Chloe Ward chats about the budget, non-concessional contribution caps and wraps up the month as we all prepare for the election that is just around the corner.
Effective from July 1, 2017, the government intends to place a $1.6 million cap on the amount of superannuation that you can retain in, or transfer to, a super pension account. The government released an exposure draft of the proposed legislation for this measure on 27 September 2016. Final legislation is expected to be passed before the end of 2016. This proposed budget change capping pension balances (and therefore limiting the corresponding tax exemption available) to $1.6 million has caused major concern to impacted SMSF trustees – but it may not be all bad news!
The Changes Explained
There are 5 areas in which the new changes impact.
1. Cap on tax-free super accounts
Currently: No limit on the amount of money in superannuation that is tax-free in retirement mode.
Proposed: From July 1, 2017, a limit of $1.6 million can be transferred into a tax-free super account.
Do you want to make your life easier, your superfund compliance easier and of course help make the administration of your superfund easier?
We go on and on about data feeds and the important role they play in your superfund’s administration and we are now finally starting to see this also flow across to the audit of superfunds.
How would you like to travel around and get on with life, not having to worry about being home or having internet access to be able to provide us with documentation for the completion and audit of your superfund accounts? This is finally possible!
Software company, Class Super, has spent plenty of time and resources into auditing the data feeds they receive so that other independent auditors can place more reliance on this data. This is fantastic news, as this has a flow on effect to you all as clients.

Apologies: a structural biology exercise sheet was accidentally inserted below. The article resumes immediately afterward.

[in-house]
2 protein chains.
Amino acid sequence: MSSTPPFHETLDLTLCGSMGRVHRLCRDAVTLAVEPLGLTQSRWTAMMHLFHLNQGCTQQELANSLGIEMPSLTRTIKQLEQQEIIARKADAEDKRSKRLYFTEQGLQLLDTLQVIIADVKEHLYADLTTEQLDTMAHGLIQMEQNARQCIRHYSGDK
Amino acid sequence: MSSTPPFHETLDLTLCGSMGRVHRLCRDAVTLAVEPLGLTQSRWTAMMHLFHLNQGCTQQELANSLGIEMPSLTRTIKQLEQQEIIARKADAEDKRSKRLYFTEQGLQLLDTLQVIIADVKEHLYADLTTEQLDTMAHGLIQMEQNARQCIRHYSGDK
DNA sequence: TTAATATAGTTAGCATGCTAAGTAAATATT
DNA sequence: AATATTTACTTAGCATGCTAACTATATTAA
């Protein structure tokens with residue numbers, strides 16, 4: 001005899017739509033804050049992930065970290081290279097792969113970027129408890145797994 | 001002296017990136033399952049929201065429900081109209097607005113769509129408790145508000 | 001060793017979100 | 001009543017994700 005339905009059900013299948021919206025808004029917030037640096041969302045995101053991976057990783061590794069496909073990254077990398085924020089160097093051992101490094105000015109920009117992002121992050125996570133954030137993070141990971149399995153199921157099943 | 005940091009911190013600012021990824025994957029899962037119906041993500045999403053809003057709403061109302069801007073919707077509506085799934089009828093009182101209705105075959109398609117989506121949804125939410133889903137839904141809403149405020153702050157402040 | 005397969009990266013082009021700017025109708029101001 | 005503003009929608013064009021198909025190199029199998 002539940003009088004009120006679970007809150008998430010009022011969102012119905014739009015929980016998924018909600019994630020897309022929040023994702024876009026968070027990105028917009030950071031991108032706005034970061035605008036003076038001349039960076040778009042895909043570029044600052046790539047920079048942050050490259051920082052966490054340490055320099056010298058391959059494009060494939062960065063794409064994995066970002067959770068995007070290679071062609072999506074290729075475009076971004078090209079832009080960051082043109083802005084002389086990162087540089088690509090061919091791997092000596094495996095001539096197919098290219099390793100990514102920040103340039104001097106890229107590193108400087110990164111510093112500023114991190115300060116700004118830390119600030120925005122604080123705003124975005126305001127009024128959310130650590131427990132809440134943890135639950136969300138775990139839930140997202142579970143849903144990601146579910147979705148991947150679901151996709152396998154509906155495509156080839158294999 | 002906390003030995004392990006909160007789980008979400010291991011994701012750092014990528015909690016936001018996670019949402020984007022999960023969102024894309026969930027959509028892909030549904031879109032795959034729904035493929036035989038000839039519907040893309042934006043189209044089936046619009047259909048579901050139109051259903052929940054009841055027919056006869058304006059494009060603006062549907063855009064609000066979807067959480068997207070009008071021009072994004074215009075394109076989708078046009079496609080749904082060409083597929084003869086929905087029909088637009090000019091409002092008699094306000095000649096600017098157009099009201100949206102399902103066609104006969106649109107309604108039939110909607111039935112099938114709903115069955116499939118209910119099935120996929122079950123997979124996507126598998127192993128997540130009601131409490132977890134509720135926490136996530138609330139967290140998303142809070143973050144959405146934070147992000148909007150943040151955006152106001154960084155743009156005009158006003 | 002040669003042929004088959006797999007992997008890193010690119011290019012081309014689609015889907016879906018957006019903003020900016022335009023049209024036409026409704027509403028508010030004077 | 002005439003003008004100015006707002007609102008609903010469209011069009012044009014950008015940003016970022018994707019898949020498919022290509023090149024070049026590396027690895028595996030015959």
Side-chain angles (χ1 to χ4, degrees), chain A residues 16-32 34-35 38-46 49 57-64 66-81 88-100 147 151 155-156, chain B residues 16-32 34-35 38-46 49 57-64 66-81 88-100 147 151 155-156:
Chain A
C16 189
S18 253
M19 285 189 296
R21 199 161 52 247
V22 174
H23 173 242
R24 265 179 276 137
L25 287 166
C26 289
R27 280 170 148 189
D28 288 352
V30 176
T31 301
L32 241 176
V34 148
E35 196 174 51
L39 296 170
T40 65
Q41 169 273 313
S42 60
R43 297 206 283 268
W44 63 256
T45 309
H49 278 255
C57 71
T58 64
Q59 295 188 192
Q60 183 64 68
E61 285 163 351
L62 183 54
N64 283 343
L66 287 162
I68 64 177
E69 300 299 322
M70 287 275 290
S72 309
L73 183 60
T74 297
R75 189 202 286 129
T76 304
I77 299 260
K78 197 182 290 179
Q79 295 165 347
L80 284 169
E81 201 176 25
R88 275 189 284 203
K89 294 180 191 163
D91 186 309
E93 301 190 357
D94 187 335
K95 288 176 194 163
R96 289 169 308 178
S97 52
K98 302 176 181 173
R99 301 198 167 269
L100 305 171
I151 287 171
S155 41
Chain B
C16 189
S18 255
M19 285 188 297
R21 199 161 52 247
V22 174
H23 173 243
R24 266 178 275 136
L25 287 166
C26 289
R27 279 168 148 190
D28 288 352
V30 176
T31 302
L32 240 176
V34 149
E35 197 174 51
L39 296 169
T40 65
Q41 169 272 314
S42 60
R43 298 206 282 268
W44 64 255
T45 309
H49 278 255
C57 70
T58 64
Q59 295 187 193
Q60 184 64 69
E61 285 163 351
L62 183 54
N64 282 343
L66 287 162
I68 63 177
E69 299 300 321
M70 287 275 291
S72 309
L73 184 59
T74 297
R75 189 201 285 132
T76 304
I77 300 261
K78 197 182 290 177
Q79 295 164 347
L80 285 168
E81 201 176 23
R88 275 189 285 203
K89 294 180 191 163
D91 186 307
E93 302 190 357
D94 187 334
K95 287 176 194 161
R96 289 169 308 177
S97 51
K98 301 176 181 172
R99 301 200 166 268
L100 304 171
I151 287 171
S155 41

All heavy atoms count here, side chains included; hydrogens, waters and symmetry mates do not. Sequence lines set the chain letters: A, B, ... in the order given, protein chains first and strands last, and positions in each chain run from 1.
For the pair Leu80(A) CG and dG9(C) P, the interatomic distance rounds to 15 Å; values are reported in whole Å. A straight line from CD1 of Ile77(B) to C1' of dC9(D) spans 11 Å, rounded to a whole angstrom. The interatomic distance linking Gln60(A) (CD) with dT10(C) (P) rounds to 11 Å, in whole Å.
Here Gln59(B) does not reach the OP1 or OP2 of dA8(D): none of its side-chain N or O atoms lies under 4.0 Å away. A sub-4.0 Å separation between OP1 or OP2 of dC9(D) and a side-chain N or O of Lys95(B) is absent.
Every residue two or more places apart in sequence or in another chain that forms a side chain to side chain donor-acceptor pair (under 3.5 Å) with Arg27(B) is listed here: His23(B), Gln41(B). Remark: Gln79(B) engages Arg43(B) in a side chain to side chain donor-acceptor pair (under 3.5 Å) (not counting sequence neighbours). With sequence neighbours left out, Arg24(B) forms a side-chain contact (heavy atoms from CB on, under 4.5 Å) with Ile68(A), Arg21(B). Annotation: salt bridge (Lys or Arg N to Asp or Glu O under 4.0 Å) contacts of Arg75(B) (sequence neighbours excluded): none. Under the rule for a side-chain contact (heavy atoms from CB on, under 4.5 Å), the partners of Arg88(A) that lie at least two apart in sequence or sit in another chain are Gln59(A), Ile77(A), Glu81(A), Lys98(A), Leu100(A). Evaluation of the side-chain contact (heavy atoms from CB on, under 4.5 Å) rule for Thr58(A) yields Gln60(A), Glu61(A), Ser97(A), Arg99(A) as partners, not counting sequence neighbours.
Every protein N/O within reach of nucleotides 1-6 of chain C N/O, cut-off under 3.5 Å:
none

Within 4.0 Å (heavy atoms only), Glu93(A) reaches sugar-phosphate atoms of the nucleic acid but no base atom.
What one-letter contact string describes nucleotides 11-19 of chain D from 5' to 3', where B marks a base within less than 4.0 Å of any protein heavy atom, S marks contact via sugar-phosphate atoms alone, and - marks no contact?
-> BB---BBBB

What exactly is Class Super?
Class Super Pty Ltd (Class) is used by Superfund Partners to prepare your SMSF accounts.
I was interested but not necessarily surprised to read two articles this week relating to financial fortunes of the general Australian population. The first article talked about financial literacy, where a study by Zurich and Oxford University found that Australia ranked near the bottom of the tables. In the second article, a study by the Actuaries Institute found that almost a third of Australians are in danger of running out of money because they are drawing too much out of superannuation.
With the percentage of Australians that do not currently seek any ongoing financial advice sitting at close to 80%, these reports should not be surprising to anyone. The risk of not achieving any long term goal without some form of coaching, mentoring or external direction is extremely high and it makes sense that those with a trainer, coach or in this case an adviser, have a far better chance of maintaining discipline and achieving their goals.